Divin Dushimimana ’26 (DCI Fellow)
I believe that one good conversation can shift the direction of change forever. When I look back, deliberation could have saved many Africans so much trouble in their family life. At least in my culture in Rwanda, the head of the family in many traditional households commands and everyone else follows – no discussion about it and the routine continues. Sometimes, it feels like you’re a computer being programmed on what to do.
At first, it seems like it’s working until it doesn’t. This parenting style and lack of deliberation in African homes has been the main result of teenage misconduct and rebellion. I have seen a lot of my friends forsake their homes because of lack of meaningful conversations and lack of parent’s understanding that their children are old enough to dictate how they want to live their lives. The idea is that your parents are right and you are wrong hence you should listen to whatever they tell you to do without any form of discussion or compromise on the issue.
Growing up in such an environment and doing debate in high school, the notion was the same. I had this idea that there is always this person who has the monopoly of knowledge. It was more of someone being right and another being wrong, nothing else. This process creates poor relationships between parents and children that consequently affect their ability to interact and engage on different topics like reproductive health or even mental health.
At some points, it will seem like it is a child against a parent and vice versa. I know examples of children who have indulged in certain things just to make their parents angry because the children felt like they aren’t being heard; they felt like they aren’t being given an opportunity to discuss issues that are meaningful to them, they aren’t being given an opportunity to deliberate and find a common ground on certain things.
After participating in the ‘Parents & Teachers Forum’ this semester, I gained more understanding on how parents should play a vital role in what their children learn through deliberation. I realized that deliberation can create one conversation at a time in an African household. I think this can build meaningful communities and catalyze creative solutions. Indeed, I believe we would see cases of teenage pregnancies and youth suicide drop incrementally if deliberation is incorporated in the parenting style.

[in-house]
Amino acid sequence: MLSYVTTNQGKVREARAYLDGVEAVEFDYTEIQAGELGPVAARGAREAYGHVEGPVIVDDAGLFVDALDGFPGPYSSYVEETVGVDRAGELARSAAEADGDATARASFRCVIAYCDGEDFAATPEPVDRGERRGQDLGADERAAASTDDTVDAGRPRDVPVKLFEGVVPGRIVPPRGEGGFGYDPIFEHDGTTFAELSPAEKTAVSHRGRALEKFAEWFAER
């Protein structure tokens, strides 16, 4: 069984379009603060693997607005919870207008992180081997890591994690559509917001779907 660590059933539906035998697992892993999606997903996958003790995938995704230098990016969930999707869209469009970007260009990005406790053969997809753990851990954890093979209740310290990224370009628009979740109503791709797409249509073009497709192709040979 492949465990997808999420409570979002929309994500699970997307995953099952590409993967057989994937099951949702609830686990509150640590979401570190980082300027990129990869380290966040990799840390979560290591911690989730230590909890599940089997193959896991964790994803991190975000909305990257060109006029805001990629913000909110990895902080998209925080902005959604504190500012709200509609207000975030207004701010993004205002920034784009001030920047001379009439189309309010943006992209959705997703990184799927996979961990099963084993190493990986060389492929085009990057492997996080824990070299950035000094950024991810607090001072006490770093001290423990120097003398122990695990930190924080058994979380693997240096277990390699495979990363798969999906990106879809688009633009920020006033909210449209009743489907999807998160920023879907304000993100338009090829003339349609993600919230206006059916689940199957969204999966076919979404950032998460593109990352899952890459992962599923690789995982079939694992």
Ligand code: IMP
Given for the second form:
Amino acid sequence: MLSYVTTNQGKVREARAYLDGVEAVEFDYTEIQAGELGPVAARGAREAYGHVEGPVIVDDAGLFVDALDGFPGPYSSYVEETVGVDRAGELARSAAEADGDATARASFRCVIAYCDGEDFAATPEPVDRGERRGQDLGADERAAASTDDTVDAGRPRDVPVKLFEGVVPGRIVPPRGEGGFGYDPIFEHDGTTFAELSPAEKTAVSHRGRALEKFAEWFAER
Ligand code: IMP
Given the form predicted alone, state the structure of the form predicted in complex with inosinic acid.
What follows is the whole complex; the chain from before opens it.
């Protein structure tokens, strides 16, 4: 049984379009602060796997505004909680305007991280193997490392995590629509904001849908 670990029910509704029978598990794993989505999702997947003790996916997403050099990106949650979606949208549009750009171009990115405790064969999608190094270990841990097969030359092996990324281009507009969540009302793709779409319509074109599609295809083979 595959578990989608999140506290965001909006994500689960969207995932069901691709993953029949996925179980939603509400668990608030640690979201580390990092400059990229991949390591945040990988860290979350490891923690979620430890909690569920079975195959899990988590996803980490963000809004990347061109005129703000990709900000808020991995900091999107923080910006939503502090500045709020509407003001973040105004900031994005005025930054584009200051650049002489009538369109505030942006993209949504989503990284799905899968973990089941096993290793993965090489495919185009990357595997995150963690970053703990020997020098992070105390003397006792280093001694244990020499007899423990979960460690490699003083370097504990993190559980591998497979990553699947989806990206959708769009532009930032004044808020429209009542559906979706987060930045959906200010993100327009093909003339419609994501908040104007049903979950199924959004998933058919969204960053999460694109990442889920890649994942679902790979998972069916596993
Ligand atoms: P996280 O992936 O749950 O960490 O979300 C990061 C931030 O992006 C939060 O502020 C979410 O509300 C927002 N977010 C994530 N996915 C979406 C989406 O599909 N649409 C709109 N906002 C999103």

I believe this would build parents’ active listening skills towards their children, giving them an opportunity to understand where they are coming from and what challenges they are facing. Furthermore, children will feel loved and free to engage in such meaningful conversations with their parents, which I believe will create a safe space for growth.
Furthermore, after being trained as a facilitator and actually facilitating three Deliberative Team meetings, I realized that people will not always agree on certain issues due to their different backgrounds or experiences with the issue at hand. However, if you free yourself from the idea of always winning or being right and open your ears to actively listening to someone else’s opinion, you’ll surely learn a lot. You’ll surely gain a certain mastery of letting go of your opinions when you’re introduced to new ideas.
In this world of growing tensions and challenging issues, no one holds a monopoly on effective solutions. The world would change for the better if people would refrain from thinking that they are always right but rather open their hearts to learning. I believe that through deliberation, we can make significant progress on all of the issues affecting our world.